Breast-conserving treatment usually includes both limited surgery and breast irradiation. McCormick and colleagues explored women's perceptions of their treated breast in a group of 74 women at least 1 year after treatment. [11] Although the vast majority of women were very satisfied, both cosmetically and sexually, significant changes were noted in comparing the treated versus the untreated breast. Of 64 participants who were sexually active, 48% noted increased breast discomfort, 39% avoided the treated breast, and 20% stated their partners avoided it.

Why were not more significant differences in sexuality following the alternative breast surgeries? Schover suggest that factors other than the extent of breast surgery may play a larger role in sexual satisfaction, including overall psychological health, satisfaction with the relationship and precancer sex life. [10] Another factor in sexual dysfunction following breast cancer may be the impact of systemic therapies utilized in addition to breast surgery.

Breast Reconstruction Versus No Reconstruction

Many women are not offered a breast-conserving procedure because of the size, location or multifocal nature of the tumor; confounding medical conditions; lack of access to radiation therapy facilities; or physician bias. Breast reconstruction following mastectomy can be an alternative to mastectomy alone. Ten years ago, about 10% of women who were eligible for reconstruction chose this option. [12] Most recent assessments indicate that as many as 30% of eligible women opt for reconstruction [13]. Why do some women choose this option and what impact does it have on sexuality?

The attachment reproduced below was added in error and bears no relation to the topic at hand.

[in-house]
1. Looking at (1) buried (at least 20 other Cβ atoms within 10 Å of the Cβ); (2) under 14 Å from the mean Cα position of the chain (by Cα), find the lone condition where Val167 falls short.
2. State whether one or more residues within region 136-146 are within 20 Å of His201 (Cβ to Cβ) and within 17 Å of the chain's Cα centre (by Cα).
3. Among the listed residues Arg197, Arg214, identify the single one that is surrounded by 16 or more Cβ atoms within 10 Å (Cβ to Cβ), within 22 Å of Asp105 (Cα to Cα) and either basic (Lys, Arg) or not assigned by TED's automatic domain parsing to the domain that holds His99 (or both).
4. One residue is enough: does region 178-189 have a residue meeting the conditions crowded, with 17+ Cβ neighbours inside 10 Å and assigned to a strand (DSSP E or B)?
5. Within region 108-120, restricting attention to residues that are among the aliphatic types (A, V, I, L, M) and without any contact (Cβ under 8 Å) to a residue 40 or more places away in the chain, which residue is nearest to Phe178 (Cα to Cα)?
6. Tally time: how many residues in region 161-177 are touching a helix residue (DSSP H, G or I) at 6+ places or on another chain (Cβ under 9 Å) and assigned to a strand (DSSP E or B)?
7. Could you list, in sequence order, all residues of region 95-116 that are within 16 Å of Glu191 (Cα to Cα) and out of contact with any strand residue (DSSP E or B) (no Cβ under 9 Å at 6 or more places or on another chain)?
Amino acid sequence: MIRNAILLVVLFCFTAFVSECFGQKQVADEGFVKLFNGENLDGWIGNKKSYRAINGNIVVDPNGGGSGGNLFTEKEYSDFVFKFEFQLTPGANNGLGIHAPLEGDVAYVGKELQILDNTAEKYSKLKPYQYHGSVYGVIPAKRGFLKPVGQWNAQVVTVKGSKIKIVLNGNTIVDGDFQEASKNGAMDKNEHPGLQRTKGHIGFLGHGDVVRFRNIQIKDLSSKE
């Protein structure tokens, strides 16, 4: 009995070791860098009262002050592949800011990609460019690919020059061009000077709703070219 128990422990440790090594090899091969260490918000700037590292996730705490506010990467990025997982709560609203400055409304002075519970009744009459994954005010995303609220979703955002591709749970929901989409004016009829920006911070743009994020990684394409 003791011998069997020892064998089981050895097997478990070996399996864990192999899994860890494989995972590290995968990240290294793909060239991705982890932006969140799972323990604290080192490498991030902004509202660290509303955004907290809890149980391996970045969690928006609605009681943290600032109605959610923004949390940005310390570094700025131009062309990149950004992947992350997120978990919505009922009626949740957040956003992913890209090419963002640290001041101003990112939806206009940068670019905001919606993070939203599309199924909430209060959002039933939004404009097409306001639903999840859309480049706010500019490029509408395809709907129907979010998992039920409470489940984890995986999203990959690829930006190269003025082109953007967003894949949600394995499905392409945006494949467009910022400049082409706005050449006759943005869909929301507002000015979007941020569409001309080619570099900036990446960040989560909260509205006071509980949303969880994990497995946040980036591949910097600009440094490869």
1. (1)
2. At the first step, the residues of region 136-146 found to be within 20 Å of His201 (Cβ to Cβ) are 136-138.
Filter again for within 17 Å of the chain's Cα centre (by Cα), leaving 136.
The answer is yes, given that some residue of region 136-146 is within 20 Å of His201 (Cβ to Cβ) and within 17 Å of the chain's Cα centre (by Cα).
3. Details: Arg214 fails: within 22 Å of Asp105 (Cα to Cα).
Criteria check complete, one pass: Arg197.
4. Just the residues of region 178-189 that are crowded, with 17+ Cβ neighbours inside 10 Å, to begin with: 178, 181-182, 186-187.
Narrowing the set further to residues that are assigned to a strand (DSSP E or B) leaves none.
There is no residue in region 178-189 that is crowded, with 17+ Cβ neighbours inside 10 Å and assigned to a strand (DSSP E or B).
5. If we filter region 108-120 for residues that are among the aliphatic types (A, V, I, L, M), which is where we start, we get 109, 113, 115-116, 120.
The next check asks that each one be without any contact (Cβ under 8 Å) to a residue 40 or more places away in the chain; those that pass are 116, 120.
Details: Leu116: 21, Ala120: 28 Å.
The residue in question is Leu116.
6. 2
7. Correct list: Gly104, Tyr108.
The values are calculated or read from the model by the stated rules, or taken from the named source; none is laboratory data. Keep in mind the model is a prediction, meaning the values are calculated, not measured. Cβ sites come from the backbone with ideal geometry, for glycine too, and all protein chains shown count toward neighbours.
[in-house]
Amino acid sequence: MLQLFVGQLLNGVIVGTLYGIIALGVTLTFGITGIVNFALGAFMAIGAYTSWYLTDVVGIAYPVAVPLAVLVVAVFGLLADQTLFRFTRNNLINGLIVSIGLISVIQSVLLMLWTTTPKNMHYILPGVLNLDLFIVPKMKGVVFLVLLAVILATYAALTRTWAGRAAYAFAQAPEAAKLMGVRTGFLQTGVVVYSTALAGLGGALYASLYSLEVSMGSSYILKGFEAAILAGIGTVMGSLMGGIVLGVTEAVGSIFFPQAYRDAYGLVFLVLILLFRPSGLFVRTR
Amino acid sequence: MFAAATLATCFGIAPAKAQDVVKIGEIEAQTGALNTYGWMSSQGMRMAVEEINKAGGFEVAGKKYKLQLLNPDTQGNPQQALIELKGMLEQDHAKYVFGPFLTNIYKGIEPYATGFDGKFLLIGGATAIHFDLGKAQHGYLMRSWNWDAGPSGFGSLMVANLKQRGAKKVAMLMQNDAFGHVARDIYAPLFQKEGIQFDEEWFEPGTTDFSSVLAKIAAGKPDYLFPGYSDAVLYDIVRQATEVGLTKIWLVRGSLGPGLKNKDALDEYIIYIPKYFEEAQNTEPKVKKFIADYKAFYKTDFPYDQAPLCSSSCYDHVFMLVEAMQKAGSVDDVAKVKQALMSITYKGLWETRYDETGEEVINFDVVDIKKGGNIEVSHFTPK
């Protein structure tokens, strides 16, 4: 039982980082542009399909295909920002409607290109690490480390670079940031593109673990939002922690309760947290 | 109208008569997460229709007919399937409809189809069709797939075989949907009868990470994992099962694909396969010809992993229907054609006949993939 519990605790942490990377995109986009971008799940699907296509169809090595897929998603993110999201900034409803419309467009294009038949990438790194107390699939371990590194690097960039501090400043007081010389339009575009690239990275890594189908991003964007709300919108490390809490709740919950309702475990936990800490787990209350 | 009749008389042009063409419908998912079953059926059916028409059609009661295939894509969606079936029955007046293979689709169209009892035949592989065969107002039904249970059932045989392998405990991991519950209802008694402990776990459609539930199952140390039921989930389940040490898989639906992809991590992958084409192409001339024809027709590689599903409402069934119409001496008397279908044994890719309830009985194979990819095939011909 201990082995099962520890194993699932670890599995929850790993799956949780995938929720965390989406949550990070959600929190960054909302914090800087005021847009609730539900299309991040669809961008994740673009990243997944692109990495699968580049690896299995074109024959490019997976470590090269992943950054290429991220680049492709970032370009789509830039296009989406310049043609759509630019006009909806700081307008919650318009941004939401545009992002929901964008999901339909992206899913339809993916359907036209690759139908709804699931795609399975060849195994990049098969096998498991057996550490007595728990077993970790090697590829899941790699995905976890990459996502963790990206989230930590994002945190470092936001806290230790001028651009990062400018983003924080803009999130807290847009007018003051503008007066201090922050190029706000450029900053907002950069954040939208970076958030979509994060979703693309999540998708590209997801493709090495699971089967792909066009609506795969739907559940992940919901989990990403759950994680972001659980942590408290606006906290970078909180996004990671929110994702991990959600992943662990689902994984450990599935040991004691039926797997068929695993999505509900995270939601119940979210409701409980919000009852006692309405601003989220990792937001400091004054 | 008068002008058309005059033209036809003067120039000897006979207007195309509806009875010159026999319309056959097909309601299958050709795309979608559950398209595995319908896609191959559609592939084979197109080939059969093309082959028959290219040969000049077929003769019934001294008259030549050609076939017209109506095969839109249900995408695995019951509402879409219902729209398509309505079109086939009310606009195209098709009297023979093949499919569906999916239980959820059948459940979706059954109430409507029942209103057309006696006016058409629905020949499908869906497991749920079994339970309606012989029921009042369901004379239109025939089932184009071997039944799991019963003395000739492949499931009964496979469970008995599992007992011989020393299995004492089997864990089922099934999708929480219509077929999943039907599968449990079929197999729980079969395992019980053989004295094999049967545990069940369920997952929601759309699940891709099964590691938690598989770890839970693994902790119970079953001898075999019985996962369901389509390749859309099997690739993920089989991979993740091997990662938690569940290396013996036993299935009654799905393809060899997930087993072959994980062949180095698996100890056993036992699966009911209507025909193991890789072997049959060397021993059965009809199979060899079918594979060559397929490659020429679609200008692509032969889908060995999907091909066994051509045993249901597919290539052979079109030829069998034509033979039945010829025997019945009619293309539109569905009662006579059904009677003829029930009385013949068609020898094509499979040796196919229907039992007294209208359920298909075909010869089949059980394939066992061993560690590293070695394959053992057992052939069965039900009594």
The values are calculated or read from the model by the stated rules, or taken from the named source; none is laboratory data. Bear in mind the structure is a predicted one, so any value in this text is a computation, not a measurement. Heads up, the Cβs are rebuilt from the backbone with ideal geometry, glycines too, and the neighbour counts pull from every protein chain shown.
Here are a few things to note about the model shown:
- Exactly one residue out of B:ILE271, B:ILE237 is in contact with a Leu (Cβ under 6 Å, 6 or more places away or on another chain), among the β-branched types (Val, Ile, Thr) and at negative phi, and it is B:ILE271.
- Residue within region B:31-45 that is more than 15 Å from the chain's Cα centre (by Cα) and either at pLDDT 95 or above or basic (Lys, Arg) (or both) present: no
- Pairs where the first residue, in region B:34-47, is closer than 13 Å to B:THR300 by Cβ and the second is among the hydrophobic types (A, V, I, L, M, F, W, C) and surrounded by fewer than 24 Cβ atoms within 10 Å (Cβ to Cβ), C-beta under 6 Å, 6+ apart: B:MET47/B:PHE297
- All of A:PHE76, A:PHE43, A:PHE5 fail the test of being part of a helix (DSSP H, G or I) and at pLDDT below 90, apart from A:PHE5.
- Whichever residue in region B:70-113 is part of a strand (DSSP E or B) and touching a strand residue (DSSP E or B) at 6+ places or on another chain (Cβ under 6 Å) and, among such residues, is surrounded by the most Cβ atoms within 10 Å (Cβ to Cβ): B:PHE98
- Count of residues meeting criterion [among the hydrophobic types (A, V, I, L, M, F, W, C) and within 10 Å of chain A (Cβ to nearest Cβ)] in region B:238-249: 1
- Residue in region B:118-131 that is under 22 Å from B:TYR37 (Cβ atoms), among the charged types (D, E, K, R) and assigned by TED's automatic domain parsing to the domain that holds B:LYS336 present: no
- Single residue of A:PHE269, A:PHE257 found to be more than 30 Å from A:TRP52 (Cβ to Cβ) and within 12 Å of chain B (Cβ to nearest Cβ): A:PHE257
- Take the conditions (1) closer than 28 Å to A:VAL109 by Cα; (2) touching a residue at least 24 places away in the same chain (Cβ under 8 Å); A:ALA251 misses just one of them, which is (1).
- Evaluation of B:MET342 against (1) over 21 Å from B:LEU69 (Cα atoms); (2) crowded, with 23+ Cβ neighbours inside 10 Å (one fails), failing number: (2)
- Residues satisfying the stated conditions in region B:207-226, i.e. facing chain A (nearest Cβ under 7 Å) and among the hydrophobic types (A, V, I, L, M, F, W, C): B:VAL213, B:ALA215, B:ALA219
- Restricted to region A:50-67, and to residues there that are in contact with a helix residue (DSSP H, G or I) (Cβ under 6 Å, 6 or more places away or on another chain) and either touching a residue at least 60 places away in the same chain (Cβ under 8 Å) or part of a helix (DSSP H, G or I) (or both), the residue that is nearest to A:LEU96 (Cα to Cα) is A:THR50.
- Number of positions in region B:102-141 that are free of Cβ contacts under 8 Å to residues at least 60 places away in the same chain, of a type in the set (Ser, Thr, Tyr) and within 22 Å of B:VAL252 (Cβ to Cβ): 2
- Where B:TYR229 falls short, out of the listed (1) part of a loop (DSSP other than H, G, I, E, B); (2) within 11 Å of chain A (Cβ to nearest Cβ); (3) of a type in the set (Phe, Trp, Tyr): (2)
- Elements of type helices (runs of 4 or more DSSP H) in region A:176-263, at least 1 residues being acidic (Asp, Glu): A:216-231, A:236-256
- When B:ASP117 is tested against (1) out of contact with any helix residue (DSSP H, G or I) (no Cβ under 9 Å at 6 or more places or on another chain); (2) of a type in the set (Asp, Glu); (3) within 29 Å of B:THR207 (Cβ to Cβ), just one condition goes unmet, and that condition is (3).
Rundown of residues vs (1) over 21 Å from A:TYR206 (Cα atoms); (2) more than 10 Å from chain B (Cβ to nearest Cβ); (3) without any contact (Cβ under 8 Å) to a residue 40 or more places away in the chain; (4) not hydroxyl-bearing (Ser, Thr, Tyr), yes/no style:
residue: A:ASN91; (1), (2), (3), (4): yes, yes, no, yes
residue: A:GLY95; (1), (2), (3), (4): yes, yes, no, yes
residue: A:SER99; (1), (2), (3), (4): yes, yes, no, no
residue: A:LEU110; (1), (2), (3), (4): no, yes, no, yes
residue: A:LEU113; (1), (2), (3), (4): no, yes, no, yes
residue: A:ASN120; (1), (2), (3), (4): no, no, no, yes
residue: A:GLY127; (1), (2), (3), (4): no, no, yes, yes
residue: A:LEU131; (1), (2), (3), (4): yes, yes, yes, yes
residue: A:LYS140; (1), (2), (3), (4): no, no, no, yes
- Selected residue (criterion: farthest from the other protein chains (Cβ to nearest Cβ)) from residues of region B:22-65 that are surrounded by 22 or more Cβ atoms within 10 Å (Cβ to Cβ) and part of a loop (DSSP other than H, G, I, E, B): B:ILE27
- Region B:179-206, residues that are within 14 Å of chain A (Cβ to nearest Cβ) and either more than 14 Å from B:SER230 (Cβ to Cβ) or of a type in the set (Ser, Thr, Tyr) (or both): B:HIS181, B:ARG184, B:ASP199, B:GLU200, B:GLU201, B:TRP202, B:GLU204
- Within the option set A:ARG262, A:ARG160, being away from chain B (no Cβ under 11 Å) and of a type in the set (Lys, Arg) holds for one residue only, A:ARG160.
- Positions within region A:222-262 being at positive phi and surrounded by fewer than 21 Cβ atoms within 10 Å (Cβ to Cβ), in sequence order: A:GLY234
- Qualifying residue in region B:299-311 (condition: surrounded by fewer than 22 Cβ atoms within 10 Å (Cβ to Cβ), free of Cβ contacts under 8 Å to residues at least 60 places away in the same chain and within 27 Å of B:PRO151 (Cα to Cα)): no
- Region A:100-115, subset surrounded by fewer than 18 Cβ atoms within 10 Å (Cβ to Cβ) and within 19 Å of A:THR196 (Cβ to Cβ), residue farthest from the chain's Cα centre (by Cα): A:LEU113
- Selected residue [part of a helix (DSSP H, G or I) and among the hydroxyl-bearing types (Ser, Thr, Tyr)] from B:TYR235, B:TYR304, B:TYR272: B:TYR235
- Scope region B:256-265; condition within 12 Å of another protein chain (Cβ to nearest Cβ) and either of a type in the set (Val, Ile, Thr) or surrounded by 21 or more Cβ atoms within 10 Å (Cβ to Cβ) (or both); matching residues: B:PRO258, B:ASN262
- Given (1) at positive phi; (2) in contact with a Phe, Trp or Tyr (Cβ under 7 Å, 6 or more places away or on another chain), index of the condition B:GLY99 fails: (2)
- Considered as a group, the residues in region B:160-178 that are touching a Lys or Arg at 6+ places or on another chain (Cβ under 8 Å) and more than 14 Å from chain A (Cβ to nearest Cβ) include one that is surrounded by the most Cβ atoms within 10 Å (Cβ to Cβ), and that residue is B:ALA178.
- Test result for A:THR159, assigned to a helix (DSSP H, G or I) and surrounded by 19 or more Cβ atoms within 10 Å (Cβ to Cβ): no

Reasons commonly cited for seeking reconstruction are to be free of the external prosthesis; to "feel whole again"; to reestablish symmetry; to be less inhibited sexually and reduce self-consciousness about appearance; and to be less preoccupied with the underlying threat of cancer. [14] Contrary to earlier concerns, women who pursue reconstruction demonstrate positive coping skills and high self-esteem. [15,16] Other factors affecting a woman's choice of reconstruction include other health factors, age, social support network, and availability of third-party reimbursement.